New rule would quiet events in Madison parks

And might set up a double standard for outdoor concerts.

And might set up a double standard for outdoor concerts.

The crowd at this year's Orton Park Festival. Photo by Jim Ackerman.

The crowd at this year’s Orton Park Festival. Photo by Jim Ackerman.

Concerts in Madison parks would have to lower their volume level and end earlier under a new proposal the City of Madison Parks Commission began considering at a November 18 Wednesday night at the Warner Park Community Center and will take up again at its December 9 meeting at the same location.

The proposed change would establish three tiers for sound permits held in city parks. The most permissive would limit sound to 85 decibels “at the perimeter of the event” and require events to end at 10 p.m. Events under this permit could get an “extraordinary extension” to 11 p.m., but only if the Parks Commission approves, and if organizers pay an additional $100.

The folks who organize Madison’s east-side summer concerts—Marquette Waterfront Fest, La Fete De Marquette, Orton Park Festival, and the Central Park Sessions—balk at the proposed 85-decibel limit and time limit. Indeed, not that I’ve been toting a decibel meter to these events or anything, but 85 decibels is pretty quiet for a big concert. (Various helpful sources on the Internet equate 85 decibels to “city traffic (inside car)” and “passing diesel truck.”) And during the last Fete, for instance, the last sets on Friday and Saturday nights were scheduled to begin at 9:30, which means wrapping up by 10 p.m. would be pretty tough.

Parks Commissioner Eric Knapp told Isthmus this week that this change would not impact “street use events.” So the scope apparently is for events that take place in city parks, rather than on city streets. Which means, in theory, that the east-side festivals would be under a tougher standard than, say, Freakfest, Ironman, or Live on King Street—which are LOUD events. I could hear the last Freakfest pretty well from my home, a good 3.5 miles away as the crow flies, and past midnight.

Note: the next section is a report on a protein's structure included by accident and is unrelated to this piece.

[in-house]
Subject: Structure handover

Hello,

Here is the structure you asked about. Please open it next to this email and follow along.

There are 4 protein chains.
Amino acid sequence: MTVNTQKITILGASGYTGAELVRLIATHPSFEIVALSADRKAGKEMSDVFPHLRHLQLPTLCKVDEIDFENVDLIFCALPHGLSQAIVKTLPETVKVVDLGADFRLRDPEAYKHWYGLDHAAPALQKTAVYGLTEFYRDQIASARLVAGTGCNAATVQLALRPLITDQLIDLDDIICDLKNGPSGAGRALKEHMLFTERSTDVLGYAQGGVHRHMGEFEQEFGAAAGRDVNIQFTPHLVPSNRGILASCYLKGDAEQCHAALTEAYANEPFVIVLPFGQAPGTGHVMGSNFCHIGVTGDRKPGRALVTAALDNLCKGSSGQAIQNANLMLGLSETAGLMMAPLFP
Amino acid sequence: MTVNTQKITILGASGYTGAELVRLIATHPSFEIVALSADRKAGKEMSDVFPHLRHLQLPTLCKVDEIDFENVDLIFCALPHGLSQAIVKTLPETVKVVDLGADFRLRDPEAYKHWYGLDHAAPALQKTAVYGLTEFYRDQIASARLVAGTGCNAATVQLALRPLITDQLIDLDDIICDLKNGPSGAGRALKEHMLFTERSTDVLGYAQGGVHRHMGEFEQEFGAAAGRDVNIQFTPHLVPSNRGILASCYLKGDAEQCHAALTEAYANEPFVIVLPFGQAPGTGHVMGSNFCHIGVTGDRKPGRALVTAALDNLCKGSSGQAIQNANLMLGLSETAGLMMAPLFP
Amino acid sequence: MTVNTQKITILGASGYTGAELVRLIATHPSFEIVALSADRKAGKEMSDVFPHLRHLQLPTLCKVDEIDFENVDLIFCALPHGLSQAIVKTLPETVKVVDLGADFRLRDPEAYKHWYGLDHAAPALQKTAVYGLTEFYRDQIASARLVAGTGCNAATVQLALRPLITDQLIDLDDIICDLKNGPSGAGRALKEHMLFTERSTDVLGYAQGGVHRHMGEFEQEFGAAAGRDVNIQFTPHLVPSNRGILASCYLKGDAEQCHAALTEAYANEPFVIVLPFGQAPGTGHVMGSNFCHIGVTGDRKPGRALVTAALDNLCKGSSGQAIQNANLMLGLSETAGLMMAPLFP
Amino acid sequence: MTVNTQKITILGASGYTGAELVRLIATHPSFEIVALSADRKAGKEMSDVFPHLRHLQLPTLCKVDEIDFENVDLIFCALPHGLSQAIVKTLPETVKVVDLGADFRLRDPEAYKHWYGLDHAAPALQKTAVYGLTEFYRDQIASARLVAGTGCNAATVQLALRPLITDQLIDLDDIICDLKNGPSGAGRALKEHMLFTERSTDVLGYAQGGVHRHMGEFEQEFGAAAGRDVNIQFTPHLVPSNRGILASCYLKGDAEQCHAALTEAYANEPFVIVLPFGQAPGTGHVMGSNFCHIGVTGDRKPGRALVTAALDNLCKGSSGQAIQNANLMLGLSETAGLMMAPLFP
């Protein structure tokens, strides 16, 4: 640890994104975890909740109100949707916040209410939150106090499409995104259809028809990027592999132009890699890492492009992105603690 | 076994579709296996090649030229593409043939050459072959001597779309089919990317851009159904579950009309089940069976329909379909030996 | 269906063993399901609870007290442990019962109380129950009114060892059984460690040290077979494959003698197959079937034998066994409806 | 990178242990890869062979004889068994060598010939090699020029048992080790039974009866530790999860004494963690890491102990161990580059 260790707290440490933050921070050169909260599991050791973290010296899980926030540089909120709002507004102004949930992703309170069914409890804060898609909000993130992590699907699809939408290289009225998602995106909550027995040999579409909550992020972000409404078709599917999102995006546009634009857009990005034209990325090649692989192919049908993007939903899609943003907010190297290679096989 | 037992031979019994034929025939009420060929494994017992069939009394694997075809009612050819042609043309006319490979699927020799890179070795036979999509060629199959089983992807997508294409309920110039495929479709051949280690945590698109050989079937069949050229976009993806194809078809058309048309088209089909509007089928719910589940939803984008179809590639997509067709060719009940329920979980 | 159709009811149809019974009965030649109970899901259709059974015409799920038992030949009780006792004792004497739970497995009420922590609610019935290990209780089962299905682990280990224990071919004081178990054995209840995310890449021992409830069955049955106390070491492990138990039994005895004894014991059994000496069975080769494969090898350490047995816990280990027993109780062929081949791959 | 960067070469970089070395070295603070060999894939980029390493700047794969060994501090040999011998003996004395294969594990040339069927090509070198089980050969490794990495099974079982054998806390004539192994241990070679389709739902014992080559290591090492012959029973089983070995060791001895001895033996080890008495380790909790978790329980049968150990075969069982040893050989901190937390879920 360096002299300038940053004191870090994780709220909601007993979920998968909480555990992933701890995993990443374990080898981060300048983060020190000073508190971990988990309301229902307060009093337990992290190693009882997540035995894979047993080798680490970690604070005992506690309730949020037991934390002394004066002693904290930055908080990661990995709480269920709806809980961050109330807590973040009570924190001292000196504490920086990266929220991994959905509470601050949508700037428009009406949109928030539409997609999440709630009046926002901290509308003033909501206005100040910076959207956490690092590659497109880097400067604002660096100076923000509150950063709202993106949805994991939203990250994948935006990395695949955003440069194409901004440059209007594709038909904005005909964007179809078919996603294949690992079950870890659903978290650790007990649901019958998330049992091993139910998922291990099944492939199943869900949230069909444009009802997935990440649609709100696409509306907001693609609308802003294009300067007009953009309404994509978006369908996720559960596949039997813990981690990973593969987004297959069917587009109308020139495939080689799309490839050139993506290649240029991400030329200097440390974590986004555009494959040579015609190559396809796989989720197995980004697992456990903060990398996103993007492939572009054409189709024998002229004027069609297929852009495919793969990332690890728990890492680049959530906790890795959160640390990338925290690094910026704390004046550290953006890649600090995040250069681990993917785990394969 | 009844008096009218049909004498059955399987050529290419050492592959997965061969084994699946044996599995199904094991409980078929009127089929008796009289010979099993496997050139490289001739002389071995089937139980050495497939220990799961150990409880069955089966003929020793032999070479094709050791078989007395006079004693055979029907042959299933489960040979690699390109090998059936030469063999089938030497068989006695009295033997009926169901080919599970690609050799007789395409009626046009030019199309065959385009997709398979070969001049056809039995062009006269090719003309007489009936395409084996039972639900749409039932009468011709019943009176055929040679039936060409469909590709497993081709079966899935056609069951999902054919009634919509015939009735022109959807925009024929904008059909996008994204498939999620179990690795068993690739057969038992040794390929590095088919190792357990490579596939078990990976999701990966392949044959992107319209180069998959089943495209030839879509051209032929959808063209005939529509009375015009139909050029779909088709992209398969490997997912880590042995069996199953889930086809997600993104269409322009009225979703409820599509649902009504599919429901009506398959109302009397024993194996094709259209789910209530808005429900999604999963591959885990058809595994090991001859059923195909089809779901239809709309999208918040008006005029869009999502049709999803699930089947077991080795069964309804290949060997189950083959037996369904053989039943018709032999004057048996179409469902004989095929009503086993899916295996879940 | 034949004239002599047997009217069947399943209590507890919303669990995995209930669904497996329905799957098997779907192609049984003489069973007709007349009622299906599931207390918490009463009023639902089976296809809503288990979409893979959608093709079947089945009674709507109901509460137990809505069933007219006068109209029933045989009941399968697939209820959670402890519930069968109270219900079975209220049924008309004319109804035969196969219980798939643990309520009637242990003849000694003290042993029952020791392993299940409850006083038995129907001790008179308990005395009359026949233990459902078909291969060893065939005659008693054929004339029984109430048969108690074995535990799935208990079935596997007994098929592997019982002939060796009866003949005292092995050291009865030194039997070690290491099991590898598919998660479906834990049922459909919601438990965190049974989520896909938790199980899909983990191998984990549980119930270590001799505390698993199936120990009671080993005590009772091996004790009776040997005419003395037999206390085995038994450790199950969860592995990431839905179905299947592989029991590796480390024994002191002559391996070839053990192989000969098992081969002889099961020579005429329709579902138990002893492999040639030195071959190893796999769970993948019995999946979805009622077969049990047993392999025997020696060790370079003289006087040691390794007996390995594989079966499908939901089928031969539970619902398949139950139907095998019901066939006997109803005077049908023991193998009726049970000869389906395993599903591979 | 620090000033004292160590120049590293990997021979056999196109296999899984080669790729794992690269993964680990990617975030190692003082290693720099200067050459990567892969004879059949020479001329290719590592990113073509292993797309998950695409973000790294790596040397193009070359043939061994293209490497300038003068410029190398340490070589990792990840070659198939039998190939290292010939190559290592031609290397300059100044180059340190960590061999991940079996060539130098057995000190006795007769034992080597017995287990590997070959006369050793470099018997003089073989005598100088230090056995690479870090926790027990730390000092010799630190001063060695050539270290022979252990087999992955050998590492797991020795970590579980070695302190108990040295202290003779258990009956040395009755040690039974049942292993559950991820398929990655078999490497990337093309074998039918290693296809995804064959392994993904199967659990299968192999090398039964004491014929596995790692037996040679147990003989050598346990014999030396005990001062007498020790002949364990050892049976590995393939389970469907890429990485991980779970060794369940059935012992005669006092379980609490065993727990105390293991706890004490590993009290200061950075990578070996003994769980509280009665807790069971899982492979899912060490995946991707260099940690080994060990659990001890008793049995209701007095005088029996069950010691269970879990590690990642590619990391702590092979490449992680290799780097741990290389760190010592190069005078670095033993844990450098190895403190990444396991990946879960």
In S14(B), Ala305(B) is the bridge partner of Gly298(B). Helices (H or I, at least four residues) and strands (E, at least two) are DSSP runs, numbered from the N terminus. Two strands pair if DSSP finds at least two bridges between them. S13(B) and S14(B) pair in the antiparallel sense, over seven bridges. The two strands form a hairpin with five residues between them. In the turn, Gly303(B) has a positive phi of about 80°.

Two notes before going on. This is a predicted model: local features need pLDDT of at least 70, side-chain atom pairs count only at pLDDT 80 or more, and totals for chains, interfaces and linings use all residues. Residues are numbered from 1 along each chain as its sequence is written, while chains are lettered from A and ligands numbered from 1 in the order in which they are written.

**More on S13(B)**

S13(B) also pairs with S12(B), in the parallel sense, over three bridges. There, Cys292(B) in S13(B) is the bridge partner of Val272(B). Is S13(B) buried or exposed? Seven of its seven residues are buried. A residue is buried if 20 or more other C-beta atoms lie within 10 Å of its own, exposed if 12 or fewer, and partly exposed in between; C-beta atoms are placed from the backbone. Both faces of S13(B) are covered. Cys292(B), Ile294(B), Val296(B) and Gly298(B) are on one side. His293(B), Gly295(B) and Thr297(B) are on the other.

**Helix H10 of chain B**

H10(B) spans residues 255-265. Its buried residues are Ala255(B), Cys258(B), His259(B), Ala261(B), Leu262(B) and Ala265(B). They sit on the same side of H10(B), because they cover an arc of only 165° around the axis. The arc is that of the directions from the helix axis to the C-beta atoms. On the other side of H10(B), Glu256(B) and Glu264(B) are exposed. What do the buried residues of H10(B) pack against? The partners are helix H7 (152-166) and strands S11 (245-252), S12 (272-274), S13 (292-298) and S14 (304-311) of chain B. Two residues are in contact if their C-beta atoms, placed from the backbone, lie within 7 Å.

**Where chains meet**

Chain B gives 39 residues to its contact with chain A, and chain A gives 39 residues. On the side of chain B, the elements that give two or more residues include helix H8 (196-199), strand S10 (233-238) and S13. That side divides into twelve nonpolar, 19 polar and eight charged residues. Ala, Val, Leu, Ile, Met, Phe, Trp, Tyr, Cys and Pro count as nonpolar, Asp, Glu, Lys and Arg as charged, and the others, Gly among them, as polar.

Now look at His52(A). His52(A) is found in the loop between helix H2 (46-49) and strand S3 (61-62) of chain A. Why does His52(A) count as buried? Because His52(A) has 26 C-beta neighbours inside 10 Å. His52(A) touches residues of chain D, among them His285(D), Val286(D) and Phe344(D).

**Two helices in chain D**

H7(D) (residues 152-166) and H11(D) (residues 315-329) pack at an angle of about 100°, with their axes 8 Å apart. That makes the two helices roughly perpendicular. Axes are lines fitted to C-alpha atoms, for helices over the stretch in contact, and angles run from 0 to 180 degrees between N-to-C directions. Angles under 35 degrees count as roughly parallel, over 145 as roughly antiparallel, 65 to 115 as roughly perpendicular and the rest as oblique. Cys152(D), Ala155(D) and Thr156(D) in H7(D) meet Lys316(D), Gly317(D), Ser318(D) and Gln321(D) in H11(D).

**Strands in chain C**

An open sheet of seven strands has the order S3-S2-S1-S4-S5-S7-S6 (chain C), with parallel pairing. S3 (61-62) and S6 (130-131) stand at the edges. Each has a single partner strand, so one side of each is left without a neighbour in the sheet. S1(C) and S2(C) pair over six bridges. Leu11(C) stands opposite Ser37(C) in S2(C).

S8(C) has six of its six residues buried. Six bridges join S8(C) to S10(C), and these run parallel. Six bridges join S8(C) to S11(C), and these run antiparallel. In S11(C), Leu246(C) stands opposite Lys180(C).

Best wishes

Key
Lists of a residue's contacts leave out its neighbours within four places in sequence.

Bob Queen—a longtime organizer of east side concerts events—argues that the city’s fee structure for events is already a bit perverse. He pays $700 to have a beer-vending license at the Central Park Sessions, for instance, but “If I moved 10 feet over and sold a beer on Ingersoll Street, it’d be $10.”

In a Facebook event (link might not work, as the event is set to private), Queen, along with neighbors and festival vendors, is urging people to attend Wednesday night’s meeting and speak out against the ordinance.

On the event page, Queen shared a letter that Jessica Wartenweiler, who owns the Curd Girl food cart, sent to the Parks Commission about the proposal. Wartenweiler argues that the change would hamper the festivals’ ability to raise funds for local non-profits and draw business to locally owned vendors. She has a point—talk to anyone involved with La Fete or the Marquette Neighborhood Association, and you’ll hear that fundraising from La Fete accounts for a big chunk of the Wil-Mar Neighborhood Center’s annual budget.

“My fear is that you’re stacking the deck against community-led festivals that provide innumerable benefits including community building, free admission, vending opportunities for local businesses, and proceeds that benefit non profits and are favoring large-scale outside concerts with expensive ticket prices like those occurring at Breese Stevens that provide no vending opportunities for local businesses and where profits benefit a private company,” Wartenweiler wrote in one part of her letter. “Large production companies can absorb these fee increases, but these increases have a crushing effect on the community-led festivals that provide so much for our neighborhoods.”

If this all seems like a tempest in a teapot—affluent East Siders arguing over a noise ordinance—consider that last point that Wartenweiler makes. The change could hamper the ability of neighborhood groups, non-profits, and small vendors to put on events that inject a variety of music into Madison’s summer concert lineup. In both cultural and community terms, they’re a good balance to the kinds of events put on by for-profit event promoters and corporate sponsors, which, for all their admitted merit, do tend toward the middle of the road, appealing to a broad audience but increasingly feeling like events that could take place in any city. Hopefully the Parks Commission can reach a compromise on this change, which it seems to me would threaten events that feel particularly special to Madison.

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